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The Controversial Coexistence at Campus
[387호] 2017년 09월 06일 (수) Reporter Lee Jun-yong junyonglee98@

The POSTECH campus is located on the mid-slope of a mountain, being a nest to a variety of wildlife. The birds are notorious for disturbing the sleep of Postechians, who burn their midnight oil. Numerous insects fly across the campus day and night. However, none of these wild neighbors have spurred up a debate as fierce as stray cats.
There are many stray cats living on campus. The most famous is ‘Chil-ppal’, a spotted white cat. Famous for her friendliness toward humans, she appears near the seventy-eight stairs in the morning, greeting Postechians. ‘Oh-ryuk’, a young orange tabby tomcat seems to follow her recently. Apart from them, there are plenty of others living in the residential area. A she-cat and her kittens can be often spotted near the Residential College building, while a black cat has been spotted near the third dorm building. Other cats live on the campus, each of them having their own territory.
The cats’ cuteness and their amiability seem to have successfully stolen a lot of Postechians’ hearts. From affection, some Postechians feed the cats, depositing food at particular sites or feeding them cat food on their encounter. However humane the action is, this aroused a controversy at the ‘Postech Bamboo Grove’.
Cats tend to make a lot of noise during mating or fighting, usually over their territory, and since a lot of cats live near the residential area, students have been complaining about being disturbed in their sleep. Moreover, to students who are allergic to animal fur and to students who fear the wild animals, cats living near their home can be very annoying.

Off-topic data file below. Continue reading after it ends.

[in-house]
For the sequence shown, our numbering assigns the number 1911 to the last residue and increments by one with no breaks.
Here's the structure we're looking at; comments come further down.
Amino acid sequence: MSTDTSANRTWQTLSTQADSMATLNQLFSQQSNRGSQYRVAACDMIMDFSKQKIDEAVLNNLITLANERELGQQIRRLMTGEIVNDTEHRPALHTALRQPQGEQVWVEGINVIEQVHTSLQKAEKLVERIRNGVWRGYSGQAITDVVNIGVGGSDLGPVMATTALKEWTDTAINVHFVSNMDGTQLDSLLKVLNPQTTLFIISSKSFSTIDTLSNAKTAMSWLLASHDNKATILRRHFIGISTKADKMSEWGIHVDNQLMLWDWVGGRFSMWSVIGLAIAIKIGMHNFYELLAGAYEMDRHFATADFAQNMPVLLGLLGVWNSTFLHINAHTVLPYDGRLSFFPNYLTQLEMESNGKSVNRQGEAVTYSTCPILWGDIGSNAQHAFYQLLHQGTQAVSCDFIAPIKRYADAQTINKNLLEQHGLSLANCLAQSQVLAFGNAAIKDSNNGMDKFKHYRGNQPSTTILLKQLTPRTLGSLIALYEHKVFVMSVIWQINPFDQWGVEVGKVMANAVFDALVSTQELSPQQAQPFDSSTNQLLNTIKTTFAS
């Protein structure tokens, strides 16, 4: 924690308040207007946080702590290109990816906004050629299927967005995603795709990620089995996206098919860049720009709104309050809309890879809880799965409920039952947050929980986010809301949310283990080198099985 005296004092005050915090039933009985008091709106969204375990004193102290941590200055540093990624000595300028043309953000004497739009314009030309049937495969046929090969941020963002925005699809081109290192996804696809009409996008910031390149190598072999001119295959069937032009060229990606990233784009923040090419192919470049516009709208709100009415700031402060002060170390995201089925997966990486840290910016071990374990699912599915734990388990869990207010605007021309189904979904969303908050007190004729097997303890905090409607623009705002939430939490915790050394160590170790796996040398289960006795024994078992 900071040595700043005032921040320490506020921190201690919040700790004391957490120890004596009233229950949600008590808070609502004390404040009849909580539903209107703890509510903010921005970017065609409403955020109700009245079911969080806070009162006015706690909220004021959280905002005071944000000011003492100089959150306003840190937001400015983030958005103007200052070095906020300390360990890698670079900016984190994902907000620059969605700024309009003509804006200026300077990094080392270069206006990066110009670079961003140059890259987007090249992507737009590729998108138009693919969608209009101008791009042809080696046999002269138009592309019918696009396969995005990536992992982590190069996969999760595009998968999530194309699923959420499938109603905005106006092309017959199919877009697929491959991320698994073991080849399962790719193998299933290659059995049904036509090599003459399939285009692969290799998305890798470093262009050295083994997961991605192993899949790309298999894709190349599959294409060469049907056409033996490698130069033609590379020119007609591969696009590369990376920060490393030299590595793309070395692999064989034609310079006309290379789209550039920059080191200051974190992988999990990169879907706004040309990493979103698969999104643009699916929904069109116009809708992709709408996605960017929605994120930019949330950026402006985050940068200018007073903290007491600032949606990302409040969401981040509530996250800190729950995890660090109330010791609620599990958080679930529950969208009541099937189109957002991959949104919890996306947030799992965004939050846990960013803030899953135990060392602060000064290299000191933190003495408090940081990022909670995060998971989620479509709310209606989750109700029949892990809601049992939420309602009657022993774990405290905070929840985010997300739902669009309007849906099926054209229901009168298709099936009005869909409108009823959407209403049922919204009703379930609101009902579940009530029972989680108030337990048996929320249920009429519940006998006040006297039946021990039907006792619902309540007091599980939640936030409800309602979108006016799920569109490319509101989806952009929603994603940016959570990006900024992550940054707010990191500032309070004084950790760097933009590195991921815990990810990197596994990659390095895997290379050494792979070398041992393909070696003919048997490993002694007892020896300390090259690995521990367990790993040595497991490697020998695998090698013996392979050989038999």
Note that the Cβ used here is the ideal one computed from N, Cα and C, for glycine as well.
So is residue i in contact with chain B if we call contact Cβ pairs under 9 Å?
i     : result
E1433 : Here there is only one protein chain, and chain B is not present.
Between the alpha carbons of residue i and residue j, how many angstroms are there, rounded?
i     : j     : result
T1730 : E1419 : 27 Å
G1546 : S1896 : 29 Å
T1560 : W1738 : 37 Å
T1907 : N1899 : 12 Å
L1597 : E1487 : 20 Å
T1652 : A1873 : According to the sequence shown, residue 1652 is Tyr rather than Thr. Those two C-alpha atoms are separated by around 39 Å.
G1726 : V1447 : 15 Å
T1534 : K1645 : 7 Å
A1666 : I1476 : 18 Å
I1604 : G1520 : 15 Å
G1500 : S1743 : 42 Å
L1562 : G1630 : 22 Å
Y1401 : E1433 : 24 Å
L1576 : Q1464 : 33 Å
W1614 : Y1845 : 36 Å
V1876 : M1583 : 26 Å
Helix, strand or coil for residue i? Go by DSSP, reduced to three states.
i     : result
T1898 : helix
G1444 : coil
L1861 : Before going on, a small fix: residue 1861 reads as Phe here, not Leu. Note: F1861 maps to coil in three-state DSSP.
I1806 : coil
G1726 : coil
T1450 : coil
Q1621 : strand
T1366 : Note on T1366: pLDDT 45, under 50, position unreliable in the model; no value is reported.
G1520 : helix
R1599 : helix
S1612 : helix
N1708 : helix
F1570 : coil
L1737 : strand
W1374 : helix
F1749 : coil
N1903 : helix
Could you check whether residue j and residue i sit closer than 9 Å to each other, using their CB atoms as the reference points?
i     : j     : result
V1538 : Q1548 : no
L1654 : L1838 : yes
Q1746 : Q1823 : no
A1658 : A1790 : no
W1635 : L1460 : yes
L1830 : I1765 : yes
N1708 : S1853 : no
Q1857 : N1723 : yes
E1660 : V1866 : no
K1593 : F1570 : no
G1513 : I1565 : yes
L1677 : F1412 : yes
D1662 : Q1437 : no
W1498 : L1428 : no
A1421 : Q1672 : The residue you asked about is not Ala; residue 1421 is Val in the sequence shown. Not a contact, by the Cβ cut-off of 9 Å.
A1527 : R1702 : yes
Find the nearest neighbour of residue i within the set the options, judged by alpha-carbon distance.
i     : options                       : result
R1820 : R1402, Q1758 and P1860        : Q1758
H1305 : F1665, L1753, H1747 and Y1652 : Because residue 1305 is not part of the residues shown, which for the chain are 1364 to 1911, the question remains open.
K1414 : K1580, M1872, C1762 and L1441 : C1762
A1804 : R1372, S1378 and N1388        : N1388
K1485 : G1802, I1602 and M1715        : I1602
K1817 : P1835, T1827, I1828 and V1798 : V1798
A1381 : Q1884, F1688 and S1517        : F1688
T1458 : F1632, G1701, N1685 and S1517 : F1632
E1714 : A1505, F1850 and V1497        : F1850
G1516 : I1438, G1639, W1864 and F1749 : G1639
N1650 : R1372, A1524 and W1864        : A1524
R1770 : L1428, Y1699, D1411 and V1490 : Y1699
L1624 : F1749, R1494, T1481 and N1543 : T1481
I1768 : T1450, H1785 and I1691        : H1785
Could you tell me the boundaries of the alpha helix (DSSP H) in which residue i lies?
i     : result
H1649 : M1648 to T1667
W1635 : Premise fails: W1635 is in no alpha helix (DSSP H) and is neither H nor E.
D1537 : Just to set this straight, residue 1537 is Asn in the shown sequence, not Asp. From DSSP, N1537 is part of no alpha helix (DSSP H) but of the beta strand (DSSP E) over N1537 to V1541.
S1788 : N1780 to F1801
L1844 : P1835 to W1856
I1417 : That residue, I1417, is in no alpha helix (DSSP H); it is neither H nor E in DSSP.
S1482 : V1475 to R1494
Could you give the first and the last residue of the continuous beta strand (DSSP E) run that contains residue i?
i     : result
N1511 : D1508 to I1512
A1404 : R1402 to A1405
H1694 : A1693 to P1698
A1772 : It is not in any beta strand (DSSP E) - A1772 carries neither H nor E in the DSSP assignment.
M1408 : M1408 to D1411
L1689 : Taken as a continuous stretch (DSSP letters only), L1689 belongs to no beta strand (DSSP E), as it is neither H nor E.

To Postechians who are experiencing discomfort from the cats, they find the cats and the colleagues who are feeding them disturbing. They complain about the displeasure they are encountering, and urge the feeders to relocate the feeding spots away from residential areas. Some even threaten to apply extreme measures on the cats. The cat-loving students are trying to minimize the discomfort, by taking measures such as moving the feeding spots away from the dormitories, but as cats are territorial animals, simply moving their diner away is not sufficient enough to improve the situation.
While the school currently does not have any policies or facilities concerning the cats living on campus, some students are personally trying to solve the complicated situation. The most notable effort is TNR (Trap-Neuter-Return). One of the students applied TNR to Chil-ppal, sterilizing her. Although there are doubts about the method, TNR seems like a reasonable solution. Simply taking the cats away would only be effective in the short term, useless after other cats have settled in the area. TNR returns the cat to its area after sterilization, allowing the cat to claim its territory again, but with less noise than before, due to no demand for mating.
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First Publication: Oct. 26, 1988 | Publisher: Baek Sung Ki | Editor-in-Chief: Park Sang Jun
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